The ring around the Moon is caused by the refraction of moonlight (which of course is reflected sunlight) from ice crystals in the upper atmosphere. The shape of the ice crystals results in a focusing of the light into a ring. Since the ice crystals typically have the same shape, namely a hexagonal shape, the Moon ring is almost always the same size. The six-sided ice crystals refract, or bend, light in the same manner that a camera lens bends light. The ring has a diameter of 22° , and sometimes, if one is lucky, it is also possible to detect a second ring with a diameter of 44°. Thin high cirrus clouds lofting at 20,000 feet or more contain tiny ice crystals that originate from the freezing of super cooled water droplets. These crystals behave like jewels refracting and reflecting in different directions.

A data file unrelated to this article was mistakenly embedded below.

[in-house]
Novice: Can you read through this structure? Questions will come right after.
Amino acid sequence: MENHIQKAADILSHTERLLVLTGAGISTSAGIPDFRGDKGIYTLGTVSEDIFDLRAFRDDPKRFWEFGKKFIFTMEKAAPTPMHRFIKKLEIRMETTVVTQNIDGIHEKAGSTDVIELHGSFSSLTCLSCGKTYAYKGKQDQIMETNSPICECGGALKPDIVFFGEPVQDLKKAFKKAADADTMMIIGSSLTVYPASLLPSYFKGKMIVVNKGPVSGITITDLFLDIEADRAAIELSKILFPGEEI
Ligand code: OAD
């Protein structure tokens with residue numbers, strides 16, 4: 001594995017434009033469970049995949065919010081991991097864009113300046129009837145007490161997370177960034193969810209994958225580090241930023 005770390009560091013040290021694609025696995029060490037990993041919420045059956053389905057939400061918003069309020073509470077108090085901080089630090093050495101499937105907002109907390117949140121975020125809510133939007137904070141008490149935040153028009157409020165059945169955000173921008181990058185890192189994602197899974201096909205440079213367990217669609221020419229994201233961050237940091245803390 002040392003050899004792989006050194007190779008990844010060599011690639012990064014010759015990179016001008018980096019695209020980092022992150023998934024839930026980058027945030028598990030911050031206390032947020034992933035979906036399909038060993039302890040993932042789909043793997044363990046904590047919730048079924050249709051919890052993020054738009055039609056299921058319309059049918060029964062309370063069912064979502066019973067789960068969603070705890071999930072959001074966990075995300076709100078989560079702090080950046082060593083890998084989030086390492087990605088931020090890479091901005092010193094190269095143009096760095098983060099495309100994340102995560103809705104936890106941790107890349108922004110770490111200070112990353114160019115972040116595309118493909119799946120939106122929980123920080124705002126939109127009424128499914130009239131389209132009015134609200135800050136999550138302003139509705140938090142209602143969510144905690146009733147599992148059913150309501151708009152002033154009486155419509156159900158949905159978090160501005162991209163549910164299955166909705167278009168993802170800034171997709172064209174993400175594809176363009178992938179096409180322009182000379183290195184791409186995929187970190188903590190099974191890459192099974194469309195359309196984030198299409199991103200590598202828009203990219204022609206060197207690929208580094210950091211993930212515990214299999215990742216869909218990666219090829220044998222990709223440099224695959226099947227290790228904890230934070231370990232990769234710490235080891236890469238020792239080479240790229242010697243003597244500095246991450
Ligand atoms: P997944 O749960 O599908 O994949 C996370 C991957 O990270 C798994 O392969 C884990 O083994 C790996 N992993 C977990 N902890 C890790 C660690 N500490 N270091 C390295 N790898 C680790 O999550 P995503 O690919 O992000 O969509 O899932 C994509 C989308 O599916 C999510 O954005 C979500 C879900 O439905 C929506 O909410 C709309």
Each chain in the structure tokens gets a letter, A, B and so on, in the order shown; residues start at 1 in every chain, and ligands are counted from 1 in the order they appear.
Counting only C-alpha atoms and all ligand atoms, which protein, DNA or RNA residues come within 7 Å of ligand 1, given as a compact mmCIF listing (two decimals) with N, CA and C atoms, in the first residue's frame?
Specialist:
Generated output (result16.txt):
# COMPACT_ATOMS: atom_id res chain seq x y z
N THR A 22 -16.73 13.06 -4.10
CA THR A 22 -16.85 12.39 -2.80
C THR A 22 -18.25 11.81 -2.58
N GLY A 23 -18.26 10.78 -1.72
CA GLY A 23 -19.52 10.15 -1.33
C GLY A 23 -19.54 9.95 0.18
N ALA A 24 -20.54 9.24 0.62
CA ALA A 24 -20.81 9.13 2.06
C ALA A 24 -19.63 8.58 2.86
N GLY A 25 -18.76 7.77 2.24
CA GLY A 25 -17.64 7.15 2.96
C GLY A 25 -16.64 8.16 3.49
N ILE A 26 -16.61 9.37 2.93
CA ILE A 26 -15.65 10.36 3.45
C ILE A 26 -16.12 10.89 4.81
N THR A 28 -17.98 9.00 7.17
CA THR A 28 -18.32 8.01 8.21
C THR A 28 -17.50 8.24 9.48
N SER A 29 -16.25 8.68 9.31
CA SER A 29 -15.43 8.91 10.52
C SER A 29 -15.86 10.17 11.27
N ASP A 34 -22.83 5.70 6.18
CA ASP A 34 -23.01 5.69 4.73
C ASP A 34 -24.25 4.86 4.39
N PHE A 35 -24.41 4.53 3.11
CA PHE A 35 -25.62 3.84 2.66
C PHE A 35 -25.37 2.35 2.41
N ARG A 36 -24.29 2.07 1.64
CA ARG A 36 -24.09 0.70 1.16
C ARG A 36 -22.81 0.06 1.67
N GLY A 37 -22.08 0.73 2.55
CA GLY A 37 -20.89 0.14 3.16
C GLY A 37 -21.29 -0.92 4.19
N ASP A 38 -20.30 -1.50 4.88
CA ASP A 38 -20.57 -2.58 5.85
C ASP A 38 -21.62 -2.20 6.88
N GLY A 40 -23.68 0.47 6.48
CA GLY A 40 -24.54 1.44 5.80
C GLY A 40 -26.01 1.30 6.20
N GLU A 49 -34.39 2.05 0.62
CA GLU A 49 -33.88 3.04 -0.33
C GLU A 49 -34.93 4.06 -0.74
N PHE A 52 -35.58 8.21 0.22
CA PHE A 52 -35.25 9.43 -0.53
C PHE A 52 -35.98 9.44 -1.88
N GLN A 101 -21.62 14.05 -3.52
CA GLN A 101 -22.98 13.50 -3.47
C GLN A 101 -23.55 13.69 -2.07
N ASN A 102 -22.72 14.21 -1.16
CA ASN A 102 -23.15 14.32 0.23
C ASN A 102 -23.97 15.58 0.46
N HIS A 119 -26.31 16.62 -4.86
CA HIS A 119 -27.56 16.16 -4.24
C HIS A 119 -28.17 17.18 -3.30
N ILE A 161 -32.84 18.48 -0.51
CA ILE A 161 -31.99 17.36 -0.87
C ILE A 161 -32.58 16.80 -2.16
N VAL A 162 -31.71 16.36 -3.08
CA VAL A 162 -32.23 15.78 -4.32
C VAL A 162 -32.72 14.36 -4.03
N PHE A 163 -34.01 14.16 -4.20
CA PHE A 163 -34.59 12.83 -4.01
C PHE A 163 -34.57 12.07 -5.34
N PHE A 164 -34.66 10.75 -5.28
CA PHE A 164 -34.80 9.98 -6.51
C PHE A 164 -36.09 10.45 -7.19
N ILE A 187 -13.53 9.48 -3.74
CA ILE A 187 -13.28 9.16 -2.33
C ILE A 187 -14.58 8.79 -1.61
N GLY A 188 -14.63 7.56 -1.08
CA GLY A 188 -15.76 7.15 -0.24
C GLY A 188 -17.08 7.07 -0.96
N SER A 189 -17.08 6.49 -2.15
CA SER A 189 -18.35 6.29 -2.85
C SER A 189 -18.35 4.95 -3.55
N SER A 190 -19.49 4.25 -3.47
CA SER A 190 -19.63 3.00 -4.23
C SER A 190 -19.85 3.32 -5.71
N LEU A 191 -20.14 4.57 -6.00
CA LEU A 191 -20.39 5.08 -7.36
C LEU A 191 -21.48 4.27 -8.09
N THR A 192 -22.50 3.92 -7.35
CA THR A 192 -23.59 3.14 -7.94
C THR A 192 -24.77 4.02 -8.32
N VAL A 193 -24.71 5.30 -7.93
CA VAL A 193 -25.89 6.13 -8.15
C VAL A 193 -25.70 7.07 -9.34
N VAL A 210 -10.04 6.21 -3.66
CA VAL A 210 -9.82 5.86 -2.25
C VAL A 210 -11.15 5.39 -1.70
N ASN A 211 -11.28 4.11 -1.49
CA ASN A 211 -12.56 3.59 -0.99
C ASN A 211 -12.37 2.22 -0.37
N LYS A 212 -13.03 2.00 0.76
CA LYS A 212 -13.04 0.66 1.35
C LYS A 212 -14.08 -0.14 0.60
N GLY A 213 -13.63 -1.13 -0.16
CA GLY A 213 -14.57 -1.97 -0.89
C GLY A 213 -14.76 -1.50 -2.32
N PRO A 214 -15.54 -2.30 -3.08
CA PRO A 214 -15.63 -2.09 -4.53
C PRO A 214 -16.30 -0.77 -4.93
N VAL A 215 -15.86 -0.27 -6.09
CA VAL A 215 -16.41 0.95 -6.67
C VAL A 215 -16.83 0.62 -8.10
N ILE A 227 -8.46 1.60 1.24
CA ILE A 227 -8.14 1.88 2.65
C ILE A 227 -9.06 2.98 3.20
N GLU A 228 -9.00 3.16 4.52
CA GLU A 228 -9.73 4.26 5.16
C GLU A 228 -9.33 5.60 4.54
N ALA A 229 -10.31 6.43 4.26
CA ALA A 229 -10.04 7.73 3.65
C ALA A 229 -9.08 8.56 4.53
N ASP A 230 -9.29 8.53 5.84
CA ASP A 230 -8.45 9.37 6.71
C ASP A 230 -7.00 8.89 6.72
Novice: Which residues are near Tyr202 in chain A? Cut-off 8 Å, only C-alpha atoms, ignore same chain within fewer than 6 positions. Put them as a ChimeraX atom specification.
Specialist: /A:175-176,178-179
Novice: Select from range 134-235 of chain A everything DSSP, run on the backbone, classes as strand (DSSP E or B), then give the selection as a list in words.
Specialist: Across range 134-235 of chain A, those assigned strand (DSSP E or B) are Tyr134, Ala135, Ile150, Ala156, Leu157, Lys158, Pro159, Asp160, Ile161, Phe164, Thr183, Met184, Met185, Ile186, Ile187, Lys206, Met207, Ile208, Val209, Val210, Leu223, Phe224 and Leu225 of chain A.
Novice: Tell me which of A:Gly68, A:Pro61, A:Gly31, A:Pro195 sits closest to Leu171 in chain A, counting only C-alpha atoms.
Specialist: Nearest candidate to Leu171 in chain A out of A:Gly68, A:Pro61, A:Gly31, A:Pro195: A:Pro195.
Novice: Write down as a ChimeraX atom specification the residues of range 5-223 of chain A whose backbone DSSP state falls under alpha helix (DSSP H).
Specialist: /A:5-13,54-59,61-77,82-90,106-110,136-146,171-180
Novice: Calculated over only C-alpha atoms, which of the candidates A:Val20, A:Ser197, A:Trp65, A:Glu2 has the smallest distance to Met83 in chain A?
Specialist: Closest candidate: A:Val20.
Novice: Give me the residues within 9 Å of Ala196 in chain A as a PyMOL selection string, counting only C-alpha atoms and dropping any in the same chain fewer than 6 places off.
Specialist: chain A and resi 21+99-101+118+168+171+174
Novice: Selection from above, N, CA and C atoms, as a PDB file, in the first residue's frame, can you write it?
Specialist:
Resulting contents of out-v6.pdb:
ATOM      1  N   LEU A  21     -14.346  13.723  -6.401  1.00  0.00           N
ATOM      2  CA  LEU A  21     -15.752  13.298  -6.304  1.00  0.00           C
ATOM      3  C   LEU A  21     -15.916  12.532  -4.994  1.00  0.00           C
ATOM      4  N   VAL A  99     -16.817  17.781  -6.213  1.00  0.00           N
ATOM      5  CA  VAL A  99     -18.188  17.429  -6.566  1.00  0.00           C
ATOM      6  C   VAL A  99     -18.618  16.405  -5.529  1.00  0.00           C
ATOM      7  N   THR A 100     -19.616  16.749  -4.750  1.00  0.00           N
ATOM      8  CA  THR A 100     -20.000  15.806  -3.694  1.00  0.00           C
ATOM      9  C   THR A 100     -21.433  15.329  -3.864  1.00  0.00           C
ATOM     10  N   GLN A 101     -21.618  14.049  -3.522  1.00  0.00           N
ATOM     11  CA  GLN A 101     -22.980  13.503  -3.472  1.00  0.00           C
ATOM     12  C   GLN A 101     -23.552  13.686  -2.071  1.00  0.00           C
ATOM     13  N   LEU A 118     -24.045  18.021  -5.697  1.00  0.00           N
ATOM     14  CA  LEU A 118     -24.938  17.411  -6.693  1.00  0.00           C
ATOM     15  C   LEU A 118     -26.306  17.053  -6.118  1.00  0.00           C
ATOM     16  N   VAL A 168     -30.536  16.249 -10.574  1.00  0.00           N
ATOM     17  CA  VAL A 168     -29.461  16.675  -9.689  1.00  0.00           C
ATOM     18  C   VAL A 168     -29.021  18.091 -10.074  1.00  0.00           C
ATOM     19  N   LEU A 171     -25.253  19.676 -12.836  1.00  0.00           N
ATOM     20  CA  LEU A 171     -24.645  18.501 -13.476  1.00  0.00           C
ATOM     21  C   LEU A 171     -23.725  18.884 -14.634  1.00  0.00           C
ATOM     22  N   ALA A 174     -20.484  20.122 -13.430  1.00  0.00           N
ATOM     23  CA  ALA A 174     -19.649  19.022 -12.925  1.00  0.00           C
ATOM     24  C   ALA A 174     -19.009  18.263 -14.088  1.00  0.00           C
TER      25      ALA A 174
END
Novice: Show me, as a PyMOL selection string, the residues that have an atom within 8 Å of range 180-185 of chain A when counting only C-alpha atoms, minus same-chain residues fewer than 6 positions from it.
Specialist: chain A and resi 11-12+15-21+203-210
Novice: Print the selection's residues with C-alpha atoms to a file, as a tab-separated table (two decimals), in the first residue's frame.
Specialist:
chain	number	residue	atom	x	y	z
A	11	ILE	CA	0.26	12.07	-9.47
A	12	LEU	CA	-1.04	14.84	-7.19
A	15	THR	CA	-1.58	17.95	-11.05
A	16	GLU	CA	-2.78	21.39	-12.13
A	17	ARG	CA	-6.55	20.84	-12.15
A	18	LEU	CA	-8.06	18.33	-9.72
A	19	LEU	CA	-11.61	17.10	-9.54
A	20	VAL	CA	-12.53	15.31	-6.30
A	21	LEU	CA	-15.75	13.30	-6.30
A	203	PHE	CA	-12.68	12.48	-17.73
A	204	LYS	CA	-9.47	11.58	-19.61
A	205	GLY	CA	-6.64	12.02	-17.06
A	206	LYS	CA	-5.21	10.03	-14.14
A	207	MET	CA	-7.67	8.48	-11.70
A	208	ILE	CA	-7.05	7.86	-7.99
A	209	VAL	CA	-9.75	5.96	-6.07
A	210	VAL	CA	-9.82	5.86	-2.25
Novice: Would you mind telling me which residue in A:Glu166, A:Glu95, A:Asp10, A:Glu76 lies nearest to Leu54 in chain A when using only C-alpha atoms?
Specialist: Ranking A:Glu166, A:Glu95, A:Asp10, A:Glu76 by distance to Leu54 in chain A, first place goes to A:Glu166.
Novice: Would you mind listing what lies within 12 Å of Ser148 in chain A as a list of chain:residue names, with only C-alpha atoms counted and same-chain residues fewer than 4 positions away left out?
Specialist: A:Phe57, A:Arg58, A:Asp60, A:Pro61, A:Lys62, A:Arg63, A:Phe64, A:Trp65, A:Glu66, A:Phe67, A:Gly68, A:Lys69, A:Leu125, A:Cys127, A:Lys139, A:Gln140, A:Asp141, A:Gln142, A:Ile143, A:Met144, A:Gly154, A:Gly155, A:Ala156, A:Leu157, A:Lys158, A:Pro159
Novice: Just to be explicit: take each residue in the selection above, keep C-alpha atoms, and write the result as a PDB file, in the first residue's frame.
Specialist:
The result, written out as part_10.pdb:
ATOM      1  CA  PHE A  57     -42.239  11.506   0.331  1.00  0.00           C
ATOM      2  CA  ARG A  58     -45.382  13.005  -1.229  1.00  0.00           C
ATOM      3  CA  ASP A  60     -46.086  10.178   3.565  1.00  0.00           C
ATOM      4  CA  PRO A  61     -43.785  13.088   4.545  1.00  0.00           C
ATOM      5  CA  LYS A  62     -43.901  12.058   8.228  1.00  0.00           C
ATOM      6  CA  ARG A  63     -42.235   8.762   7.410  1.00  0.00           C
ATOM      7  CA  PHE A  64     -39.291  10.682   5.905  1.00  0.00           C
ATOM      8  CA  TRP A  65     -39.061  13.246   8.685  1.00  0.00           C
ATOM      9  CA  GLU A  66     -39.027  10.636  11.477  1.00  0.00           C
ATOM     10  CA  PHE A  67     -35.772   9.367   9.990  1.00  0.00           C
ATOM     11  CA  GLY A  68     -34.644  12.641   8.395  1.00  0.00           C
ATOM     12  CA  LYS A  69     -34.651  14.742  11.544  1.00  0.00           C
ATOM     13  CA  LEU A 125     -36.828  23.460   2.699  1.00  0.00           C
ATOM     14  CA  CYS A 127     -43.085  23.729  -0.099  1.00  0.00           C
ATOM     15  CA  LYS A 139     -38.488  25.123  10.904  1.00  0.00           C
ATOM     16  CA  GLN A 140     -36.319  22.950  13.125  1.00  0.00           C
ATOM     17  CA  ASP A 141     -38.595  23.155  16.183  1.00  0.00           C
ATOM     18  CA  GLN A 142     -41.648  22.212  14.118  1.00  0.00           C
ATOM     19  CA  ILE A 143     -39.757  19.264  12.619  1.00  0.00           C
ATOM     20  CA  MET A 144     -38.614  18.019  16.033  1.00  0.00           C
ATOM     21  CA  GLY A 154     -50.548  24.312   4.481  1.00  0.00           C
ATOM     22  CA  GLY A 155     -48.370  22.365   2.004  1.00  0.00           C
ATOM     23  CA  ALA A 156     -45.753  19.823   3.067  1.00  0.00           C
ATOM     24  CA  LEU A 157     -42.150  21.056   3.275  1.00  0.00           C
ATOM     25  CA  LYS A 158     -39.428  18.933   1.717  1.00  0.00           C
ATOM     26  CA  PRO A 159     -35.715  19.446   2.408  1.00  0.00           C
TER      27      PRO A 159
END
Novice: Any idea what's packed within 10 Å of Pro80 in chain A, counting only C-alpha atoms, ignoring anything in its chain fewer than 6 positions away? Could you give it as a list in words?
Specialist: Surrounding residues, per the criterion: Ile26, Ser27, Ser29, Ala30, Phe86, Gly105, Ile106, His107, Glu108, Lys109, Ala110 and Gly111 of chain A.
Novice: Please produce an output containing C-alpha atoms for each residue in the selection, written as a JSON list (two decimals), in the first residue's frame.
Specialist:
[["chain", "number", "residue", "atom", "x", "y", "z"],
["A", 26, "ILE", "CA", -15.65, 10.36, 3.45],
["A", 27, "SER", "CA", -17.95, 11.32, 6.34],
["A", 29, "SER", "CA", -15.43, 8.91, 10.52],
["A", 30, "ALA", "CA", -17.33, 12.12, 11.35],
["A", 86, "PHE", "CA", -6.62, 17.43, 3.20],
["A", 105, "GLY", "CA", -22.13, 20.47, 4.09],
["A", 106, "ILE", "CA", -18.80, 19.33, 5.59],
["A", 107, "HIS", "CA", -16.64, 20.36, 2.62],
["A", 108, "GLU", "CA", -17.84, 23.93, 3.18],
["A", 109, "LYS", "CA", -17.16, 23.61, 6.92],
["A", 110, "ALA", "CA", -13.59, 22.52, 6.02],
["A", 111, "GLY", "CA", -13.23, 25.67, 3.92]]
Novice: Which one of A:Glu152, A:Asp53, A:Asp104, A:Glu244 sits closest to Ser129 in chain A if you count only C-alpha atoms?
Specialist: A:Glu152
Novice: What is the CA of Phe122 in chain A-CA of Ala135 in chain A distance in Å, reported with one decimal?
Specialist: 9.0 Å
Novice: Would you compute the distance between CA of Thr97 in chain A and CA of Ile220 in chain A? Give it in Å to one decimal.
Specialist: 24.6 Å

There are some interesting beliefs about Moon rings. Folklore has it that a ring around the Moon signifies that bad weather is coming, and in many cases this may be true. So how can rings around the Moon be a predictor of weather to come? The ice crystals that cover the halo signify high altitude, thin cirrus clouds that normally precede a warm front by one or two days. Typically, a warm front will be associated with a low pressure system which is commonly referred to as a storm. Some even believe that the number of stars within a Moon ring indicate the number days before bad weather will arrive. Read more about Moon rings and other moonlight effects on this site.

Have you ever observed this natural phenomenon?


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This cute bird belongs to a new species!